Supervisors: Helen Williams (Earth Sciences), Owen Weller (Earth Sciences), Baptiste Debret (Earth Sciences) and Marie-Laure Pons (Earth Sciences)
Importance of the area of research:
Understanding the fate of carbon during subduction has critical implications for understanding the oxygenation of the Earth’s atmosphere and oceans over the last 4 billion years. Considerable quantities of carbon are transported into the Earth’s deep interior by subduction, manifest in the existence of deep diamonds and other lower-mantle carbon bearing phases. The efficiency of this carbon burial is unknown and it has been argued that most of the slab’s carbon is lost to the overlying plate as hydrous carbonated fluids. However, recent studies have shown that carbonate-bearing fluids released during slab dehydration do not necessarily escape and may be retained in the subducting slab in the form of carbonated eclogites, which are ultimately subducted and recycled into the mantle. New ways of studying the slab decarbonation and carbonation reactions, the mass balance of carbon during subduction and carbon transport from and within the subducting slab and mantle wedge are therefore required.
The principal question this project will address is how much carbon is retained in the slab during subduction and buried in the deep mantle versus how much leaves the slab to contribute to the source region of arc lavas. The project will use novel stable isotope systems in conjunction with fieldwork and thermodynamic calculations to trace carbon-bearing fluids in subduction zones and understand the relationships between P-T-fO2-aCO2 conditions and carbonate solubility in slab-derived fluids. The student will combine fieldwork, geochemistry and petrology to study carbon bearing metasomatic contacts between subducted ultramafic rocks and carbonate sediments. Depending on the student’s interests, this project could expand to consider primitive arc lavas, and the degree to which their volatile contents are controlled by slab fluids, or ocean-island basalts, as a potential record of long-term carbon recycling into the deep mantle.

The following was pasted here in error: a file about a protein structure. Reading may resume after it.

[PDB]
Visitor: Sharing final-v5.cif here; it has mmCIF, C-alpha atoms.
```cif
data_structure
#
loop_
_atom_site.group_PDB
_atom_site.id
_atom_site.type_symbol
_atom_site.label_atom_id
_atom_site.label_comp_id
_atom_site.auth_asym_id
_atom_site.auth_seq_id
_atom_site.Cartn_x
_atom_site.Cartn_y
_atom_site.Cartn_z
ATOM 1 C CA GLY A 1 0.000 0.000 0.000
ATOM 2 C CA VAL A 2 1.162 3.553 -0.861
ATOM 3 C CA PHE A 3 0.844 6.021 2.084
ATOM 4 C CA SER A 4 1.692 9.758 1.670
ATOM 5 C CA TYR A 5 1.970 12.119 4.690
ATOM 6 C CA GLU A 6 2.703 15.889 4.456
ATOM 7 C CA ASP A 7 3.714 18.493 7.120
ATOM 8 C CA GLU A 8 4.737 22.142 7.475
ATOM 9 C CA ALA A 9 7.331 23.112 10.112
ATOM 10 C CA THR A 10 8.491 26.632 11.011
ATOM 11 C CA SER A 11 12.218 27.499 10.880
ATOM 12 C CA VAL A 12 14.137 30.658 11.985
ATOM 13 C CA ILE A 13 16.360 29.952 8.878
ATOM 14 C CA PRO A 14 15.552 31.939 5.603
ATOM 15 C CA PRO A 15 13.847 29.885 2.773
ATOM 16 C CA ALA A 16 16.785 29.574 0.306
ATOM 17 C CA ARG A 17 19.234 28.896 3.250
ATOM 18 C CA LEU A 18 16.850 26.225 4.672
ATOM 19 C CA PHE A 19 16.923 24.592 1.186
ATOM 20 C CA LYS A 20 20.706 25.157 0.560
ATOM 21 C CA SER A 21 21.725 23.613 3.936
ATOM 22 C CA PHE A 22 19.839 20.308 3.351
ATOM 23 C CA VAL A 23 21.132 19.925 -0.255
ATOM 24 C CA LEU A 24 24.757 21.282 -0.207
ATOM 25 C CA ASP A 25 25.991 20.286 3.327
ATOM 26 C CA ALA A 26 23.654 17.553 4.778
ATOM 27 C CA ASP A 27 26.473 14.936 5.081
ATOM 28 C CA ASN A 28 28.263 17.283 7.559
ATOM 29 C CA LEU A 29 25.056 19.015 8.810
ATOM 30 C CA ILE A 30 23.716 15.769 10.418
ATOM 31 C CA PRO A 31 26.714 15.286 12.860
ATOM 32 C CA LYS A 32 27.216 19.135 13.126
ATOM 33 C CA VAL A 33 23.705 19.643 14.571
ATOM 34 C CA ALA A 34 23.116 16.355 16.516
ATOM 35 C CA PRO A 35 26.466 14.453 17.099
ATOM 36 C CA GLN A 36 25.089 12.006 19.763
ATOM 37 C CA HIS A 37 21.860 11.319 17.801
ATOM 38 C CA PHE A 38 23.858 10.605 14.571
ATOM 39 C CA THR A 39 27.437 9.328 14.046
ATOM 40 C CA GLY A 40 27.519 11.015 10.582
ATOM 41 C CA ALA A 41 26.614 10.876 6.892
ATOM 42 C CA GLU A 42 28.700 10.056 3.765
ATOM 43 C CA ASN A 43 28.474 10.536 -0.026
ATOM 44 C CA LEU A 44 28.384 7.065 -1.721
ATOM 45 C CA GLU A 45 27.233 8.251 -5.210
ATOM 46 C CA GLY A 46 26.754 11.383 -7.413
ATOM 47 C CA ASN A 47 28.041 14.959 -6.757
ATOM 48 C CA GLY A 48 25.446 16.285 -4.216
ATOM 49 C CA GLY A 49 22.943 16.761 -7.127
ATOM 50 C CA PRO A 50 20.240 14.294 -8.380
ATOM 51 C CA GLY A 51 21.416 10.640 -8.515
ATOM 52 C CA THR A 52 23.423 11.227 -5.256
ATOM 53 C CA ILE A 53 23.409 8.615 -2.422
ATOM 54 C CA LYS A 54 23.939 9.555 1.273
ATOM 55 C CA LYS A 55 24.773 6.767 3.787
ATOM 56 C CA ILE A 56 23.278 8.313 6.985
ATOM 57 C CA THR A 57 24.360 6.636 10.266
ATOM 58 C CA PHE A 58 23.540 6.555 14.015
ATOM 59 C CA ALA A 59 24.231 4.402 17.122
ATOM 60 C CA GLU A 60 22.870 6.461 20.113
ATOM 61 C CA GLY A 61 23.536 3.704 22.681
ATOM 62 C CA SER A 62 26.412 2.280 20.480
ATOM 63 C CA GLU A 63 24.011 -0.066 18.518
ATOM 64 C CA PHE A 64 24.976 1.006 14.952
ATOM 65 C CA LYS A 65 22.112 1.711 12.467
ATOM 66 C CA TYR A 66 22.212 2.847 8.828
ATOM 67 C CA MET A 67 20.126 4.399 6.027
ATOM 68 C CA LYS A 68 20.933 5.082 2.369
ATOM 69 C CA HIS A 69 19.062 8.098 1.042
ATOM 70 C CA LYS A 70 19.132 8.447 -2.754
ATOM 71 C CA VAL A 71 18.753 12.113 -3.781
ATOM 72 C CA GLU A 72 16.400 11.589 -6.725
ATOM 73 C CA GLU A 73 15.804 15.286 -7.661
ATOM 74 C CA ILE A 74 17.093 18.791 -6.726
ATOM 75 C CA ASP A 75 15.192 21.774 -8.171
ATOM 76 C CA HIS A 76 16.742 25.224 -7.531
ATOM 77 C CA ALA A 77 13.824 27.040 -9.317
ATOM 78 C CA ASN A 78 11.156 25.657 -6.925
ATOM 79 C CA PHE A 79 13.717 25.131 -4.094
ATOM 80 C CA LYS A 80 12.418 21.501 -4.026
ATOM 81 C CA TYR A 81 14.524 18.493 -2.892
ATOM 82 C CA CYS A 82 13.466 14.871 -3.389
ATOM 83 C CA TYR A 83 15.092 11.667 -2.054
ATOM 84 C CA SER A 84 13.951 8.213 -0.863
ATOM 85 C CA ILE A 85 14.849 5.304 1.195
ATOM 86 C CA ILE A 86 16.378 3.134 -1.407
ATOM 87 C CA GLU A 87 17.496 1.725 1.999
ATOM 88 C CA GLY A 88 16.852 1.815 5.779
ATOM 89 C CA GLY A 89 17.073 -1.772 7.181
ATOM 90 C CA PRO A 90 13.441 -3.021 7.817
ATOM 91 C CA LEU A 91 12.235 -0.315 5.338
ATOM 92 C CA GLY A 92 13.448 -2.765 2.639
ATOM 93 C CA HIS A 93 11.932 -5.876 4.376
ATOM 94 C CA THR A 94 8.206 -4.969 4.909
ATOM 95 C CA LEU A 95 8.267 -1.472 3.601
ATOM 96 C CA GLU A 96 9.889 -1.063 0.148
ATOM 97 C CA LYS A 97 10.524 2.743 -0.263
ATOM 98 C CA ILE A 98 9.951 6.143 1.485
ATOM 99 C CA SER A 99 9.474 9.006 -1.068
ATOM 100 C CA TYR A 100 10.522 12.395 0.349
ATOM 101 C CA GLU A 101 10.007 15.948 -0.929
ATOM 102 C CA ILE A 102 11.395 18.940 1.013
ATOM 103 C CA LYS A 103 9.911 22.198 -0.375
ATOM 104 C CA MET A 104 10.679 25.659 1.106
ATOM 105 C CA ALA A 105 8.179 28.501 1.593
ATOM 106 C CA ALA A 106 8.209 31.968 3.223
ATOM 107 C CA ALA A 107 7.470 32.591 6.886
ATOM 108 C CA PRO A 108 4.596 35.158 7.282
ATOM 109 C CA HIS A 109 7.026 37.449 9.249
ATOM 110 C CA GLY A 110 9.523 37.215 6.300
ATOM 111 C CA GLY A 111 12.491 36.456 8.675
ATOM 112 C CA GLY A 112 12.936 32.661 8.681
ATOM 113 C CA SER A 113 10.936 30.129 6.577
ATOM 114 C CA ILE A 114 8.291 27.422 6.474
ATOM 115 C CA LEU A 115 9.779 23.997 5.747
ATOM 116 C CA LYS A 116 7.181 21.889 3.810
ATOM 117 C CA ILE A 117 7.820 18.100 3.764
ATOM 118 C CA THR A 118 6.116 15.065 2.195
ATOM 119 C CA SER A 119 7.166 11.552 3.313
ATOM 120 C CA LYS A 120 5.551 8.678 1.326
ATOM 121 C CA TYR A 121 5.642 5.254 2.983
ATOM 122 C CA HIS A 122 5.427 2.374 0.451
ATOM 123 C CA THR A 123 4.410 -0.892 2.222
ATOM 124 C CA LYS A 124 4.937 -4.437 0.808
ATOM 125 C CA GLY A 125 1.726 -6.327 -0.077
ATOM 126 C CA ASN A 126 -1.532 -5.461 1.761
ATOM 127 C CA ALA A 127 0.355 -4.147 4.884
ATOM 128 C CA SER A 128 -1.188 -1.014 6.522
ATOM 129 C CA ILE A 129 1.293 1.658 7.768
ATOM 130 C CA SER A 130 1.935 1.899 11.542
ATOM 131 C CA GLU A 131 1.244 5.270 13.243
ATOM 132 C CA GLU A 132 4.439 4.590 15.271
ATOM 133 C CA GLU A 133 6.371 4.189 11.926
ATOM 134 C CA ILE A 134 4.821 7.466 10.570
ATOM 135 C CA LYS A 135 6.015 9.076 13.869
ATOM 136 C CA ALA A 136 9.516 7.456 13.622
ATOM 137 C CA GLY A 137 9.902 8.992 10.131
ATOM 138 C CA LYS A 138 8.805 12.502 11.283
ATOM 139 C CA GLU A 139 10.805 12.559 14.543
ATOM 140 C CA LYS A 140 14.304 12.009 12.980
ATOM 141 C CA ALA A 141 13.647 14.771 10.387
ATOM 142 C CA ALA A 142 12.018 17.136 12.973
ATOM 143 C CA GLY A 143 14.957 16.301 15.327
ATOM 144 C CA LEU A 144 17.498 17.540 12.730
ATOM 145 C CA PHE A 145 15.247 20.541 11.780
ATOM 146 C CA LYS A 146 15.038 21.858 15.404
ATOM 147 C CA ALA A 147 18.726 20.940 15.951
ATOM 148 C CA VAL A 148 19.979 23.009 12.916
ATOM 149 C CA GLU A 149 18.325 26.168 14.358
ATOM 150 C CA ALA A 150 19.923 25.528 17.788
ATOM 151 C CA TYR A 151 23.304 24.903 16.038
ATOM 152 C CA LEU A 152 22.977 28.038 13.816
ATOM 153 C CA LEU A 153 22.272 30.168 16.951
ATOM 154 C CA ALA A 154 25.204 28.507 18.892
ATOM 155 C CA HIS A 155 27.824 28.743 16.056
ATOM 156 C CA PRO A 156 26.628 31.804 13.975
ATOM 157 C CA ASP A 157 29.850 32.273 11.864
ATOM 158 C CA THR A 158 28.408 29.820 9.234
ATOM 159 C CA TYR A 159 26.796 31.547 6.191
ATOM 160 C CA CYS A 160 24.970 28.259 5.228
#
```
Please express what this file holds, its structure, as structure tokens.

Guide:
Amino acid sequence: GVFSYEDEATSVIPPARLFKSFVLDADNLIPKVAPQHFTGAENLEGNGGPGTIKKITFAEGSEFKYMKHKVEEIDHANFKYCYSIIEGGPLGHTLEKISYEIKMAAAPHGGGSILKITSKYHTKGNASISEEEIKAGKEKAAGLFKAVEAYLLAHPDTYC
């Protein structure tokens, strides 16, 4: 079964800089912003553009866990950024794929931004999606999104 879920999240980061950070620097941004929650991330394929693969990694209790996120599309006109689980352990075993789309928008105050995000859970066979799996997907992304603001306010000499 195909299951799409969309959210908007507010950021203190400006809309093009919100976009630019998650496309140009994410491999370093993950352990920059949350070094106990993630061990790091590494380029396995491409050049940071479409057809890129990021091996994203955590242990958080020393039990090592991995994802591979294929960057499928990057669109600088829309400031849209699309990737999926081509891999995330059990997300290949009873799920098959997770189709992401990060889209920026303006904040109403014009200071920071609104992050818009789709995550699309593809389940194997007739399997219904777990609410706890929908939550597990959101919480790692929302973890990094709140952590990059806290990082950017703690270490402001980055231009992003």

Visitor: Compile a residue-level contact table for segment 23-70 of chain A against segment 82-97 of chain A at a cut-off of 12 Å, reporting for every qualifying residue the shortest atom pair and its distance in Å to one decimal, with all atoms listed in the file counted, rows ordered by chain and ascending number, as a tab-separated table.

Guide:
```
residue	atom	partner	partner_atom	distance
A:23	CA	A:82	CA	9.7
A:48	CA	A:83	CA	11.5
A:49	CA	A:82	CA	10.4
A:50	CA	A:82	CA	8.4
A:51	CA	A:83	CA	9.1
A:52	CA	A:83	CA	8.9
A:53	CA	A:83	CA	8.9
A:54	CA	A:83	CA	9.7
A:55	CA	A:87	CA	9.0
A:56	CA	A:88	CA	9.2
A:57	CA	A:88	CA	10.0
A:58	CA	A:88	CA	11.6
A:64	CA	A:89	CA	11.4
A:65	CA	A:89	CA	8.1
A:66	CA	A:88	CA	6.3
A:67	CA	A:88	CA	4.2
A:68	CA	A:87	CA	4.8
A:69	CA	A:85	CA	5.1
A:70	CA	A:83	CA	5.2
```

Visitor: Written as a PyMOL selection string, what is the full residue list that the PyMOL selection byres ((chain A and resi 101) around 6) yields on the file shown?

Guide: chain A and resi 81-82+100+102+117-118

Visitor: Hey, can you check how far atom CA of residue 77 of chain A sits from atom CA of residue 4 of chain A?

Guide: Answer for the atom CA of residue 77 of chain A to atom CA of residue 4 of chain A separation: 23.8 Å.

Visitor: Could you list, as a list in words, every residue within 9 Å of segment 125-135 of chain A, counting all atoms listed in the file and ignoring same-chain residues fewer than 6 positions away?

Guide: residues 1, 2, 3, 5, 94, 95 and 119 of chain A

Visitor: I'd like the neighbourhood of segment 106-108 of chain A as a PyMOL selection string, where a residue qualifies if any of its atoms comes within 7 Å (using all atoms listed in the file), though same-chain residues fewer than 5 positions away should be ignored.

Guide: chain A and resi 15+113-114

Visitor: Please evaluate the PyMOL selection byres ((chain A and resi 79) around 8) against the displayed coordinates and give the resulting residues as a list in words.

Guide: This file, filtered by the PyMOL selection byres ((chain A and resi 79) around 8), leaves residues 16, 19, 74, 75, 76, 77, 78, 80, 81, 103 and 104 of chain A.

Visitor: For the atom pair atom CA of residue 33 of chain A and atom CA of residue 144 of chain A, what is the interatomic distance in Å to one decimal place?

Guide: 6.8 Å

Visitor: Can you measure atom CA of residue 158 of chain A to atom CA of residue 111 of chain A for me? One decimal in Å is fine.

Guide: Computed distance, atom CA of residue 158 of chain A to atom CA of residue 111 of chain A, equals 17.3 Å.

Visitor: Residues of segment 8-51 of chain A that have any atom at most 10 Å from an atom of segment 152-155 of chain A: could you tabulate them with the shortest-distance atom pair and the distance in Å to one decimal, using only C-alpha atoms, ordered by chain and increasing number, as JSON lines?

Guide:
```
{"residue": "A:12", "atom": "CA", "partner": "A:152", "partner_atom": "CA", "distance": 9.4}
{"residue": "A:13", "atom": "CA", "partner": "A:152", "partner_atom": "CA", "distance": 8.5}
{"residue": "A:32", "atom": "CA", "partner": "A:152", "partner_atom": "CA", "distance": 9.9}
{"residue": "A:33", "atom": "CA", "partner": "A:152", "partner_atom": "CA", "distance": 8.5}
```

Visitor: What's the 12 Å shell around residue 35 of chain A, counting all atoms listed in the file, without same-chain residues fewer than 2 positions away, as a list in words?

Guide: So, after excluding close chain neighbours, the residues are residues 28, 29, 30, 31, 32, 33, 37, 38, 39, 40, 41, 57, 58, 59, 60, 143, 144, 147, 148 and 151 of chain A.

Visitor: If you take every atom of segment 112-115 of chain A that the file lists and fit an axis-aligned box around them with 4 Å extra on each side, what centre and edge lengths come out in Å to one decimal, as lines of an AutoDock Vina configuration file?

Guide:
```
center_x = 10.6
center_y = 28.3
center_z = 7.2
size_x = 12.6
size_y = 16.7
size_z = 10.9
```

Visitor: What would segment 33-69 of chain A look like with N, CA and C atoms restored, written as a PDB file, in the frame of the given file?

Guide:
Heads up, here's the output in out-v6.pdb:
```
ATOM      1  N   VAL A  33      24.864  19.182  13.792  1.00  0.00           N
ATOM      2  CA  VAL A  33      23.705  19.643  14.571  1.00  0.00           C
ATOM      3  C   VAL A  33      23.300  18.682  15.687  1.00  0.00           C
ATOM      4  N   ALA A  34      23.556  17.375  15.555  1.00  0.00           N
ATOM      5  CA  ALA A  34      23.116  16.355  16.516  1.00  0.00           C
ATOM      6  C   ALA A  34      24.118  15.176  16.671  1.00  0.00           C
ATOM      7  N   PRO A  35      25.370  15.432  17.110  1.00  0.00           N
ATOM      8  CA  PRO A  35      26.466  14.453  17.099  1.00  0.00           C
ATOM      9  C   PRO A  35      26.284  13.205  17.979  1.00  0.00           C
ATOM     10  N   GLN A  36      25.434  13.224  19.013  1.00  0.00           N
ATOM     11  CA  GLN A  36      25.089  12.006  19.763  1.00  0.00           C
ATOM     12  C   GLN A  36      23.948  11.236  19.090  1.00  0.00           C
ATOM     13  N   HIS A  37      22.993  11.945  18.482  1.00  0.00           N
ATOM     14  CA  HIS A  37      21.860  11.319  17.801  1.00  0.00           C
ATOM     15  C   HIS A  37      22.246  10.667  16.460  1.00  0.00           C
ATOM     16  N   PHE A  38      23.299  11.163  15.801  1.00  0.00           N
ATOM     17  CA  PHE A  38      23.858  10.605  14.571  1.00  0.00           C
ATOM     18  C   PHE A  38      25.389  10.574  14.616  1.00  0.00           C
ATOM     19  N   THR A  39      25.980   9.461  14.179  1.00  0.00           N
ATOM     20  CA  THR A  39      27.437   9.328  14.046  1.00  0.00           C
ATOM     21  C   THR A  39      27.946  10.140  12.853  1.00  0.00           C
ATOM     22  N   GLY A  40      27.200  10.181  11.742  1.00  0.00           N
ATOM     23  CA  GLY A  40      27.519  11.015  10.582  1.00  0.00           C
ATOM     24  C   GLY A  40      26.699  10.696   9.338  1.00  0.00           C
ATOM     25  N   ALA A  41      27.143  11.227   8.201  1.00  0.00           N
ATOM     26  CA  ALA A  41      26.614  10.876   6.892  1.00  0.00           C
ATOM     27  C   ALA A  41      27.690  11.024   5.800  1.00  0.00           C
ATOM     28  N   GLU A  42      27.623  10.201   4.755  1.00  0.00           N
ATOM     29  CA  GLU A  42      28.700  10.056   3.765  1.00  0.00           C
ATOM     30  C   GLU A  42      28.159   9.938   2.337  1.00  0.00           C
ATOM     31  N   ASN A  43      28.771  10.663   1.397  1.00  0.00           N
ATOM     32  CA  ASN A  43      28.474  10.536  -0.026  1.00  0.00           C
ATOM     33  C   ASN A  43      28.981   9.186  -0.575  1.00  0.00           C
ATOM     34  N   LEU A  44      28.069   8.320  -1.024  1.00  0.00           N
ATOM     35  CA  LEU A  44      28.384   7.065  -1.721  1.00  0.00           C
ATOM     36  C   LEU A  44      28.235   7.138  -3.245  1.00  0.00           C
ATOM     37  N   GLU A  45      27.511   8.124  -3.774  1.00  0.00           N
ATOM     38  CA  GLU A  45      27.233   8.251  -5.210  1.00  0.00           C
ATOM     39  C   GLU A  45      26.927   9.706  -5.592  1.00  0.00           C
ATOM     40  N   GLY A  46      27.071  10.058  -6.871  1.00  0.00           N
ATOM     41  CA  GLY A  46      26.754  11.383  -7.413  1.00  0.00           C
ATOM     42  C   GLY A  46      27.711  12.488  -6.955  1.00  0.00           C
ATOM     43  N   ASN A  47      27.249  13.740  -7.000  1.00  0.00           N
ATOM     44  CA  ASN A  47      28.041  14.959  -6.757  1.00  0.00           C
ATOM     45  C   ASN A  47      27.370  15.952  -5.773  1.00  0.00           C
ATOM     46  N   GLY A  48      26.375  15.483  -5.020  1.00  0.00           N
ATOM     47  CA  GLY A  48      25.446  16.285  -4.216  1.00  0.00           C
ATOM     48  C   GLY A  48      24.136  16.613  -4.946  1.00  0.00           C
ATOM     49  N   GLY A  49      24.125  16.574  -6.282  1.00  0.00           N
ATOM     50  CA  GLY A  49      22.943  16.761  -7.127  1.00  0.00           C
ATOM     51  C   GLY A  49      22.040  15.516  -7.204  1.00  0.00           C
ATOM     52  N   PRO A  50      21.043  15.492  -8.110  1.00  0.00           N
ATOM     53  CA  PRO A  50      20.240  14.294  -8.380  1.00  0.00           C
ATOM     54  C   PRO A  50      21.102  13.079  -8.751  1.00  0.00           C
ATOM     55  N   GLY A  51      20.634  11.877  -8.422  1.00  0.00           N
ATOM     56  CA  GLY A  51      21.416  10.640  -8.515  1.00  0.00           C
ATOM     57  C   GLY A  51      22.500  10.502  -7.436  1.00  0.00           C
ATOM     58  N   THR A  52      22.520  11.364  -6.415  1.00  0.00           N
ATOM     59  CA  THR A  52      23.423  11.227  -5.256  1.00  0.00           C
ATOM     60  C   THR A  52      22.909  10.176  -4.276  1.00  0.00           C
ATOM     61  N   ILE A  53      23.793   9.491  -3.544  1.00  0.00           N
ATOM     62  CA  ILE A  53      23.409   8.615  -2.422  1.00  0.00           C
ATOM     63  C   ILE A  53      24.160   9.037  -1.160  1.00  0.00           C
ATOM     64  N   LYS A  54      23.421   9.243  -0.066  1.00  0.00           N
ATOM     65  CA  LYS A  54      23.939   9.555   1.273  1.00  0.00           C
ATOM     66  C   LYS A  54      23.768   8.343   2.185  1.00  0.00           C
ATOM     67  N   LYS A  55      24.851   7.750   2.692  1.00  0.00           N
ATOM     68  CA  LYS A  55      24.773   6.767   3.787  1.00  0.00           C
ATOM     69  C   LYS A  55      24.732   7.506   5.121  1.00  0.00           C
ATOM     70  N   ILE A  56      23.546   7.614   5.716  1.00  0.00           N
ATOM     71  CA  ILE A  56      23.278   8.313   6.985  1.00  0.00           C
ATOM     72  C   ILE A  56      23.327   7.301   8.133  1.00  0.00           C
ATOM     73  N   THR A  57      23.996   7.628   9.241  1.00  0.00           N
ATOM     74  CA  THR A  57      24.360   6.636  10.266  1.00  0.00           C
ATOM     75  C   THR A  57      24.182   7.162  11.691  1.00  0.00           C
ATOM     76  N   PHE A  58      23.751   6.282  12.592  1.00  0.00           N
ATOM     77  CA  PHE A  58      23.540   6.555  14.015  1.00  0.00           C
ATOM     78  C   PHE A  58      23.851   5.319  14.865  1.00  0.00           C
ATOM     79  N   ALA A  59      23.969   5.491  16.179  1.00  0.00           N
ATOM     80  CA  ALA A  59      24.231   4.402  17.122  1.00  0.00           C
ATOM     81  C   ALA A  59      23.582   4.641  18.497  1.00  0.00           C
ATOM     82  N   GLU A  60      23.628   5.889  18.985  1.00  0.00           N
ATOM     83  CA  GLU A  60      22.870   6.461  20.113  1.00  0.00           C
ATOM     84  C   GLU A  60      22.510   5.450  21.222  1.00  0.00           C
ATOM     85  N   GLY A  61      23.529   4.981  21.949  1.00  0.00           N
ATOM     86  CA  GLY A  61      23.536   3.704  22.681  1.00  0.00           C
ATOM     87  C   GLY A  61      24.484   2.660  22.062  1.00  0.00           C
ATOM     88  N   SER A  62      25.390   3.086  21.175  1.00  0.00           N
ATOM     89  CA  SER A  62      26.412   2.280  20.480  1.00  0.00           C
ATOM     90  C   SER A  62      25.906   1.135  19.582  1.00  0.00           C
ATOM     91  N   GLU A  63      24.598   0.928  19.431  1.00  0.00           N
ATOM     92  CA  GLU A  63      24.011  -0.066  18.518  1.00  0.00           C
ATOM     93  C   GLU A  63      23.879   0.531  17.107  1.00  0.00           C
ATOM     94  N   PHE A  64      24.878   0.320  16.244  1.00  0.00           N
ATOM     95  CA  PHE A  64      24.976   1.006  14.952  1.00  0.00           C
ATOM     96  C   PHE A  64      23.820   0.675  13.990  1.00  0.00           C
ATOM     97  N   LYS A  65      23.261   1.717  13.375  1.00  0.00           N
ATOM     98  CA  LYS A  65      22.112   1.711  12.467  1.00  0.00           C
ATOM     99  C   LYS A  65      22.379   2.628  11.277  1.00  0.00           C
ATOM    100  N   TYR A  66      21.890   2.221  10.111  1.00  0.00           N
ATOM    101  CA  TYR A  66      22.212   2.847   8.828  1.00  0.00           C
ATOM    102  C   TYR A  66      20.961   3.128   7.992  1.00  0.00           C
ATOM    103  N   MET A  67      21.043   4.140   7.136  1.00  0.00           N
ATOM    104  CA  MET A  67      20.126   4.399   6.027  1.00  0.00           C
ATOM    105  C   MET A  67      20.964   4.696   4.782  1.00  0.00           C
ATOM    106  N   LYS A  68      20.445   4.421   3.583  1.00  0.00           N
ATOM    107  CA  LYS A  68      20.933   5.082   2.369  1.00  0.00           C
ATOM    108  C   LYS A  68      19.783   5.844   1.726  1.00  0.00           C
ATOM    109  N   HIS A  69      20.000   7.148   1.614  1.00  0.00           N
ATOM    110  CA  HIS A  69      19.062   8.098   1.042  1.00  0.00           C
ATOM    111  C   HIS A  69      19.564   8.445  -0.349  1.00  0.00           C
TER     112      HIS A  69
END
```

What the student will do:
The student will use a series of novel stable isotope systems that have been shown to be sensitive tracers of carbonate fluid transport and redox reactions in subduction zones (e.g. Fe, Zn, Mg) in order to obtain direct mass balance constraints on fluid transfer. The student will initially study carbon bearing metasomatic contacts via fieldwork in well-characterised regions such as the Eastern Alps and Japan and through the study of archive samples. Isotopic analyses will be carried out at both the bulk sample scale, in order to constrain open-system processes such as decarbonation, and the mineral scale, in order to identify the carriers of isotopic anomalies. These samples will also be characterised for their major and trace element abundances, and potentially concentrations of volatile elements (via ion probe). This work will be complemented by thermodynamic calculations in order to link the isotopic results with constraints on P-T-fO2-aCO2 and carbonate solubility.
Debret et al., “Isotopic evidence for iron mobility during subduction” (2016), Geology, v. 2, DOI: 10.1130/G37565.1
Galvez et al., “Graphite formation by carbonate reduction during subduction” (2013), Nature Geoscience, v. 6 p. 473, DOI: 10.1038/NGEO1827
Wang et al., “Tracing carbonate–silicate interaction during subduction using magnesium and oxygen isotopes” (2014) Nature Communications, DOI: 10.1038/ncomms6328.
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